Background Bosentan is indicated in the treatment of pulmonary hypertension. Commonly reported adverse reactions are abnormal liver function (10.9%).
Purpose To evaluate the risk of hepatotoxicity associated with bosentan, comparing incidence rates with the literature.
Materials and methods Retrospective observational study, including all patients with pulmonary hypertension treated with bosentan between June 2003 and April 2013. Patients with previous liver disease were excluded as well as patients referred to other hospitals.
Data collected included age, sex, liver aminotransferases (AST and ALT) before and during treatment and time until liver function changed.
Normal levels in men were defined as AST 0–4 U/mL and ALT 0–40 U/mL. In women AST is 0–33 U/mL and ALT is 0–32 U/mL.
Results The study described 32 patients treated with bosentan, six of whom were excluded: liver damage had been observed previously in 3 patients and no data in the other 3.
The other 26 were 12 men and 14 women with a median age of 65.5 years (18–87 years).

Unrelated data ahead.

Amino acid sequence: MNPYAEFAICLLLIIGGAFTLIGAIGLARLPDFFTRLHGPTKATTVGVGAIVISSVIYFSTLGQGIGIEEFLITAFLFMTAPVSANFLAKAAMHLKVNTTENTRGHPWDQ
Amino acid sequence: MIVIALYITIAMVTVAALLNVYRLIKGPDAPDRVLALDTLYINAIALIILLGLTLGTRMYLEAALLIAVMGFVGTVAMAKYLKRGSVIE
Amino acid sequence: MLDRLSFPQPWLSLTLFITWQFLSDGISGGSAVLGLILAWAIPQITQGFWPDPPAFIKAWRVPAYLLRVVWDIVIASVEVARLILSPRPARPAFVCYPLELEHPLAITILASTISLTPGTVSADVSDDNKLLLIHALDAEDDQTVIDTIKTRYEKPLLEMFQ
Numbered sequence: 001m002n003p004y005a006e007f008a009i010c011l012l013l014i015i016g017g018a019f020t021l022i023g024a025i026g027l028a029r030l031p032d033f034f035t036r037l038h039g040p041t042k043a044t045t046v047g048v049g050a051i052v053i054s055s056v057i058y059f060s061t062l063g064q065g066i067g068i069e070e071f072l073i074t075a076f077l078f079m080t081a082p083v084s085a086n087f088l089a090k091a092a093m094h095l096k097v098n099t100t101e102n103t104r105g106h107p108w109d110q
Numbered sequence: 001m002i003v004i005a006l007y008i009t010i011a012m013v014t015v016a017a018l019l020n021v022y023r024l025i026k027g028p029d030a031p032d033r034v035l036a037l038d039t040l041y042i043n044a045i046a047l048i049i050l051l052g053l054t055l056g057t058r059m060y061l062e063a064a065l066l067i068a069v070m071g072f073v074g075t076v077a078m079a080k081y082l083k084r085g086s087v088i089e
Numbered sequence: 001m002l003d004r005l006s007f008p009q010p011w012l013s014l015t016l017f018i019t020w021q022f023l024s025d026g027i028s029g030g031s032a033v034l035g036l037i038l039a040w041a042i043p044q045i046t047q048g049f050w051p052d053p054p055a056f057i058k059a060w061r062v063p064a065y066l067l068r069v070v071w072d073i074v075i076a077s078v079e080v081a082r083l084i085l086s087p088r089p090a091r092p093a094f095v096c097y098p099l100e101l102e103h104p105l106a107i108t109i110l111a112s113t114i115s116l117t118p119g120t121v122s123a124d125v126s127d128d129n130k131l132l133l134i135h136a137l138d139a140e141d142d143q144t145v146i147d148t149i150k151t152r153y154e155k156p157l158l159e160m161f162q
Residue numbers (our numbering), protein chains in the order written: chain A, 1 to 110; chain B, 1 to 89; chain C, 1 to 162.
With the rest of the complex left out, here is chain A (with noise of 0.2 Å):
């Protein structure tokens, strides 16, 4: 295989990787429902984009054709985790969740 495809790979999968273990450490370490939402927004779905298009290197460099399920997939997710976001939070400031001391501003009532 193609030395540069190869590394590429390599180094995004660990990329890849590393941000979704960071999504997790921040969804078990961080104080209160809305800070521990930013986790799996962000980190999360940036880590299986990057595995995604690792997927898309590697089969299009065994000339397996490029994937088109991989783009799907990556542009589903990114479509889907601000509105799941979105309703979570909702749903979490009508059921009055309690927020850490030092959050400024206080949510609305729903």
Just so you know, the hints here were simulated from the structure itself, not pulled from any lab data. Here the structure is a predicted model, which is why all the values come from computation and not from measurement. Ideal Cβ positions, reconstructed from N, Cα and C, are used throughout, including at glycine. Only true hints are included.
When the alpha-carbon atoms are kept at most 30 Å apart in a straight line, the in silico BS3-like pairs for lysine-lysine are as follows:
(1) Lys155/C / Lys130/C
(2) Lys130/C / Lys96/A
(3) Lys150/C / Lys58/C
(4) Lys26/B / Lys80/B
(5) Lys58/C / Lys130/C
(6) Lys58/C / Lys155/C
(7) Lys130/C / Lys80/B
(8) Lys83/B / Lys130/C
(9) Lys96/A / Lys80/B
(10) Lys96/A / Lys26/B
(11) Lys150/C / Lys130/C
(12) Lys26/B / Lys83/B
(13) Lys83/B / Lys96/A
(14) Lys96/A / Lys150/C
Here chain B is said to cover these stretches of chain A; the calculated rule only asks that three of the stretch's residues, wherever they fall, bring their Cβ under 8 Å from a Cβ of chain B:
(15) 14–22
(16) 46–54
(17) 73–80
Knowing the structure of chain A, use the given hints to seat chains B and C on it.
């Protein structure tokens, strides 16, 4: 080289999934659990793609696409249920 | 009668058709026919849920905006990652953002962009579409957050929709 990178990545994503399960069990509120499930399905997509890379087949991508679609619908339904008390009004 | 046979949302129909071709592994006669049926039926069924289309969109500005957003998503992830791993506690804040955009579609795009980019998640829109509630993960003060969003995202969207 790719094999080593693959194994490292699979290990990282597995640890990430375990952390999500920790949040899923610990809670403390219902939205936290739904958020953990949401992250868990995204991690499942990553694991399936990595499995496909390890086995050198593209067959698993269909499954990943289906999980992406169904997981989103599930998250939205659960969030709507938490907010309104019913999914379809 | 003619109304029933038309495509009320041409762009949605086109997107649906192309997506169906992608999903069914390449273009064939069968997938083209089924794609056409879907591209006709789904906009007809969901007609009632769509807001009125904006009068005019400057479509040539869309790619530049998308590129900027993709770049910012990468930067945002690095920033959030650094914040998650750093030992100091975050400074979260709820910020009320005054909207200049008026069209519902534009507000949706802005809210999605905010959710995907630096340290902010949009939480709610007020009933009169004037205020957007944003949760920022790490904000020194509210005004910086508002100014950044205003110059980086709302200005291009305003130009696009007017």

Serum transaminase levels were elevated to the upper limit normal (ULN) in 10 patients (38.5%). Measures taken were: dose reduction in 1 patient (3.8%), stop treatment in 6 patients (23.0%) and no change in 3 patients (11.5%). In all of them those increases were reversible on the next liver function monitored.
Patients had a mean score, before starting treatment, of AST = 19.3 U/mL and ALT = 15.9 U/mL. Average values during treatment were AST = 34.2 U/mL and ALT = 33.4 U/mL. Mean highest levels in patients with hepatotoxicity were AST = 135.7 U/mL and ALT = 145.6 U/mL.
In 7, elevation of transaminases occurred during the first 26 weeks of treatment. The median time of the event was 19 weeks (4–416 weeks).
The incidence of abnormal increase in hepatic aminotransaminase levels was 38.5%.
Conclusions The study describes a greater incidence of hepatotoxicity associated with bosentan than described in the literature. Treatment of these cases should be adjusted.
Presence of bosentan and problems with increasing liver aminotransferases are relatively common and serum concentrations should be monitored during treatment.
No conflict of interest.
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